The Little Dog Laughed follows the adventures of Mitchell Green, a movie star who could hit it big if it weren't for one teensy-weensy problem. His agent, Diane, can't seem to keep him in the closet. Trying to help him navigate Hollywood's choppy waters, the devilish Diane is doing all she can to keep Mitchell away from the cute rent boy who's caught his eye and the rent boy's girlfriend. Wait! The rent boy has a girlfriend???
'LITTLE DOG' Full of Laughs and Insights
The Portland Press Herald by Steve Feeney, 9/24/2009 (excerpts)
The play concerns an actor who may be on the brink of his big break when he falls for a male prostitute, or "rent boy." The actor's flamboyant agent doesn't mind him having a little fun, but warns against any public displays that might undermine a big Hollywood deal in the works.
Though it took her a few minutes to find just the right tone in last Friday's performance (her voice seemed a little tight), Denise Poirier is the local actress made for the role of the agent.
Once she got rolling, she made the absolute most of her fast-talking character and the wonderfully manipulative and sardonic lines the author has given her.
Cutting open, with surgical precision, her client's fantasies of being able to be both openly gay and a mega-star, Poirier's Diane was full of herself, and her hilariously cynical wisdom was usually dead-on.
Good Theater veteran Paul Drinan plays the actor Mitchell with all the appropriate vanities to go along with just a hint of true feeling for his lover Alex, played by Ian Carlsen.
Both actors handle some rather intimate and emotionally revealing scenes with unbridled intensity.
Carlsen, seen often on local stages in recent seasons, is particularly believable as the young man with a tough past that he'd like to forget.
Further complicating, but ultimately helping to resolve, the story is Alex's friend and occasional lover Ellen, played by relative newcomer to the stage Casey Turner. Turner showed a real comedic talent that ought to win her many roles down the road.
And it is a future in the business that ultimately hangs in the balance in "Little Dog." Poirier's agent, of course, manages to rescue it through an ingenious scheme that caps a fun and thought-provoking night at the theater.
As some wiseguy once said, "All the world's a stage."
Hollywood heels: A dream cast in Good Theater's ‘Little Dog’
The Portland Phoenix by Megan Grumbling 9/23/2009 (excerpts)
Perhaps the most important thing to be said about this Little Dog, a play that's almost entirely character-driven, is that Allen has cherry-picked a dream cast. Who but Poirier to portray the imperious, caustic, and wickedly glib Diane? Drinan's male-model looks and Everyman affability give Mitch sympathetic charm, and Carlsen's endearing sensuality, as the man who rouses Mitch's finer feelings, is positively radiant. Finally, Turner is not just deliciously acerbic as the stylishly tarted-up Westchester brat Ellen -- she's also adept at suggesting the hurt that spurs her jabs.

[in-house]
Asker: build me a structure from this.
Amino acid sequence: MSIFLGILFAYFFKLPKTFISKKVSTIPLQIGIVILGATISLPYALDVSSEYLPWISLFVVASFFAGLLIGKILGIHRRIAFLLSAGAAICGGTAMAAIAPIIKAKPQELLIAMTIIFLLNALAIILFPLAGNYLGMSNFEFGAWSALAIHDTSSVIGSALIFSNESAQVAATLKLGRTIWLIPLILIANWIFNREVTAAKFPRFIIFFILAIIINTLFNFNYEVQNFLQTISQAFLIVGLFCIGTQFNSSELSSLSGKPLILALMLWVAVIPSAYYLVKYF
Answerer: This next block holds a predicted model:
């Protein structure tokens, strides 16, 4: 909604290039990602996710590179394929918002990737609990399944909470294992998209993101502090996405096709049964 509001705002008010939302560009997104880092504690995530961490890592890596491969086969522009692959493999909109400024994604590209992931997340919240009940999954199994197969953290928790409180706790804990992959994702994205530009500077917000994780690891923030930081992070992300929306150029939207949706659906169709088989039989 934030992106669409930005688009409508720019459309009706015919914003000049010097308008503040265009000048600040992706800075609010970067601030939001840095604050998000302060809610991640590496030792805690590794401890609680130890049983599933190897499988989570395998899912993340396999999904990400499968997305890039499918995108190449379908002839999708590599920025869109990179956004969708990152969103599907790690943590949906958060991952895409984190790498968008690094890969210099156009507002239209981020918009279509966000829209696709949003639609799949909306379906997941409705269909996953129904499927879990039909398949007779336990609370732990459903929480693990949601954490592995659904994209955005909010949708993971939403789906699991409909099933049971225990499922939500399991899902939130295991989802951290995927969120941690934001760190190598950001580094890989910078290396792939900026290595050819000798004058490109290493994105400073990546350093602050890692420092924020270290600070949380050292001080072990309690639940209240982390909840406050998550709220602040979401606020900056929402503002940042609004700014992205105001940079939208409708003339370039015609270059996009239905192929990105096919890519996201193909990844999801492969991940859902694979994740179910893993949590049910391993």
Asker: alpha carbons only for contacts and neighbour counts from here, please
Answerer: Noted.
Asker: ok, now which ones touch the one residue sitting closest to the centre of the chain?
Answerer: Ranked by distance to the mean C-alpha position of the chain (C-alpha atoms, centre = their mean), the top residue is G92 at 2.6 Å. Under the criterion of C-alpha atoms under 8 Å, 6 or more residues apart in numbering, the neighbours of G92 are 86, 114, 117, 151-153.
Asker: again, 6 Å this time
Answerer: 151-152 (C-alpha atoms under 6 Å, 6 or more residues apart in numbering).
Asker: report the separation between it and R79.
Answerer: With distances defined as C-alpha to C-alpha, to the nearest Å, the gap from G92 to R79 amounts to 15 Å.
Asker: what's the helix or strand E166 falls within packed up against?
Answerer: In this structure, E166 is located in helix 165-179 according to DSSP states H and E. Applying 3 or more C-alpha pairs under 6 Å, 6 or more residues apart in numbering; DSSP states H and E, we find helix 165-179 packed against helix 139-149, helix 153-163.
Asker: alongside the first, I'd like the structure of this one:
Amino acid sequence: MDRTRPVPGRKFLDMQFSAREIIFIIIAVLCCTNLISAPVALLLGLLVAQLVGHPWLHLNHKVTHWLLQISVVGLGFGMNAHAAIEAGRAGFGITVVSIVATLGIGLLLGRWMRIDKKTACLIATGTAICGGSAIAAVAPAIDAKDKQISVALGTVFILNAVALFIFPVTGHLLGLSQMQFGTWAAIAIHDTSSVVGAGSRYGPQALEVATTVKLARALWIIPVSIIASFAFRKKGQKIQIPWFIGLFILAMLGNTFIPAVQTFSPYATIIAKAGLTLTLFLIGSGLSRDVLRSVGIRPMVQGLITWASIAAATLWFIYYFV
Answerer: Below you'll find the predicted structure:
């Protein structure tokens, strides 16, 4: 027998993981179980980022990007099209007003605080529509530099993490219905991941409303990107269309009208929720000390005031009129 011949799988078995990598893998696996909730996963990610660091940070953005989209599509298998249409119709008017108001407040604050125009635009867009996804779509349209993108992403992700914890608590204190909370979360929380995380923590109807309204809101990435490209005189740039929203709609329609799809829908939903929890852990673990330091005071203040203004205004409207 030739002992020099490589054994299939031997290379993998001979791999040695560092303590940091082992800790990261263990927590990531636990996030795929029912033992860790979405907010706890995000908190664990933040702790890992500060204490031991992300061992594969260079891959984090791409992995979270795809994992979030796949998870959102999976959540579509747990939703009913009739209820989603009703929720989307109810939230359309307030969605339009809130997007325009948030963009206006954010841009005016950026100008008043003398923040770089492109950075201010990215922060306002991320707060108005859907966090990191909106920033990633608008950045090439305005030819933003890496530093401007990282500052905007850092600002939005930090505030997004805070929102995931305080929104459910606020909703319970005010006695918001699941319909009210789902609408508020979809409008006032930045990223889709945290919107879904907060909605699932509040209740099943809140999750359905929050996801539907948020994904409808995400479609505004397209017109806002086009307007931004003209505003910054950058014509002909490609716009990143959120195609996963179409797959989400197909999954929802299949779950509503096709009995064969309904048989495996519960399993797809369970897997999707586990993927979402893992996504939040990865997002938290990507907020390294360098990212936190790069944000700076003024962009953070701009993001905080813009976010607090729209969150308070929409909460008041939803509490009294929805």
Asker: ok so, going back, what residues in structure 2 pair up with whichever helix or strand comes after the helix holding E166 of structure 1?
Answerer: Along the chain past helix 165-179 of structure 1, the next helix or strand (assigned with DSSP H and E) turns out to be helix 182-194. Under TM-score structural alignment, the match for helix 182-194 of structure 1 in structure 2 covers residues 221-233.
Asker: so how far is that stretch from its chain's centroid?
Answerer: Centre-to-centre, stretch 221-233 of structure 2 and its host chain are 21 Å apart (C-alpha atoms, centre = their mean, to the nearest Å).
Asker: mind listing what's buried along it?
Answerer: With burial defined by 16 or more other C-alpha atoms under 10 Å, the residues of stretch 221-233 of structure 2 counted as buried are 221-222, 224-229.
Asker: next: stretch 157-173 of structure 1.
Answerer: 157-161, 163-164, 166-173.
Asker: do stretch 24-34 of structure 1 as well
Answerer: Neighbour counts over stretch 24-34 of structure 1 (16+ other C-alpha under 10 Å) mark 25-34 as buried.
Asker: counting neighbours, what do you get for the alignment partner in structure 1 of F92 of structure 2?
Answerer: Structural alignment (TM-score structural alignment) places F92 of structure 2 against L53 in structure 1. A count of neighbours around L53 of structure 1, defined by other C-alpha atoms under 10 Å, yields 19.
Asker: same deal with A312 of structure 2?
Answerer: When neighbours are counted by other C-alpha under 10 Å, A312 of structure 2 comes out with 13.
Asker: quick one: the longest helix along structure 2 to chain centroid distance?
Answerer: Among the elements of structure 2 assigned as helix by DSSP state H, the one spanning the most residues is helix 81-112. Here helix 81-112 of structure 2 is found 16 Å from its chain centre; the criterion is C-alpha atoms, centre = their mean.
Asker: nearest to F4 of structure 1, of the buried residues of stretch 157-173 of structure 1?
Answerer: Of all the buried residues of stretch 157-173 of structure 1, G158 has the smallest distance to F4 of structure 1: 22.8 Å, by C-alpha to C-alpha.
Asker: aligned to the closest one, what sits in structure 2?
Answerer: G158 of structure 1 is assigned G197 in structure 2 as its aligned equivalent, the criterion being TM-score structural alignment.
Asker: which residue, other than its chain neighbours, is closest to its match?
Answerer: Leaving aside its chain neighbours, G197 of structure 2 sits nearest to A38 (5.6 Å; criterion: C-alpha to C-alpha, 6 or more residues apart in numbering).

Though it's in the snide insider snark of Diane and Ellen that Beane's writing is best (the script sometimes feels a bit too mushy when Alex and Mitch venture into the softer, often more vague language of affection), Carlsen and Drinan do a remarkable job making the romance glow. The candor and pleasure they bring to the men's infatuation, and the contrast they create against so much affectation elsewhere, is beautiful and intoxicating. As Mitch shyly warms to the gamine hustler in his hotel room, Drinan grows becomingly boyish, even rosy; he grins, rocks, nods adorably with his chin. And as for Alex: Frankly, I could spend two and half hours watching Carlsen watch paint dry. His physical charisma never fails to astound me afresh; in this show, he brings to his poise a tenderness and a receptivity that make Mitch's puppy-dogging entirely understandable. And when, in the play's hottest scene, Alex and Mitch urgently reach for each other and let (all!) their clothes fall away, Carlsen and Drinan convey not just a convincing and very watchable lust, but also -- and even more impressively -- genuine affection.
Mitch – Paul Drinan
Diane – Denise Poirier
Alex – Ian Carlsen
Ellen – Casey Turner
Director – Brian P. Allen
Set Design – Craig Robinson
Lighting Design – Jamie Grant
Production Stage Manager – Joshua Hurd
Tech Director – Stephen Underwood
Assistant Tech Director – Craig Robinson
Costumes – Brian P. Allen
* Member Actors' Equity Association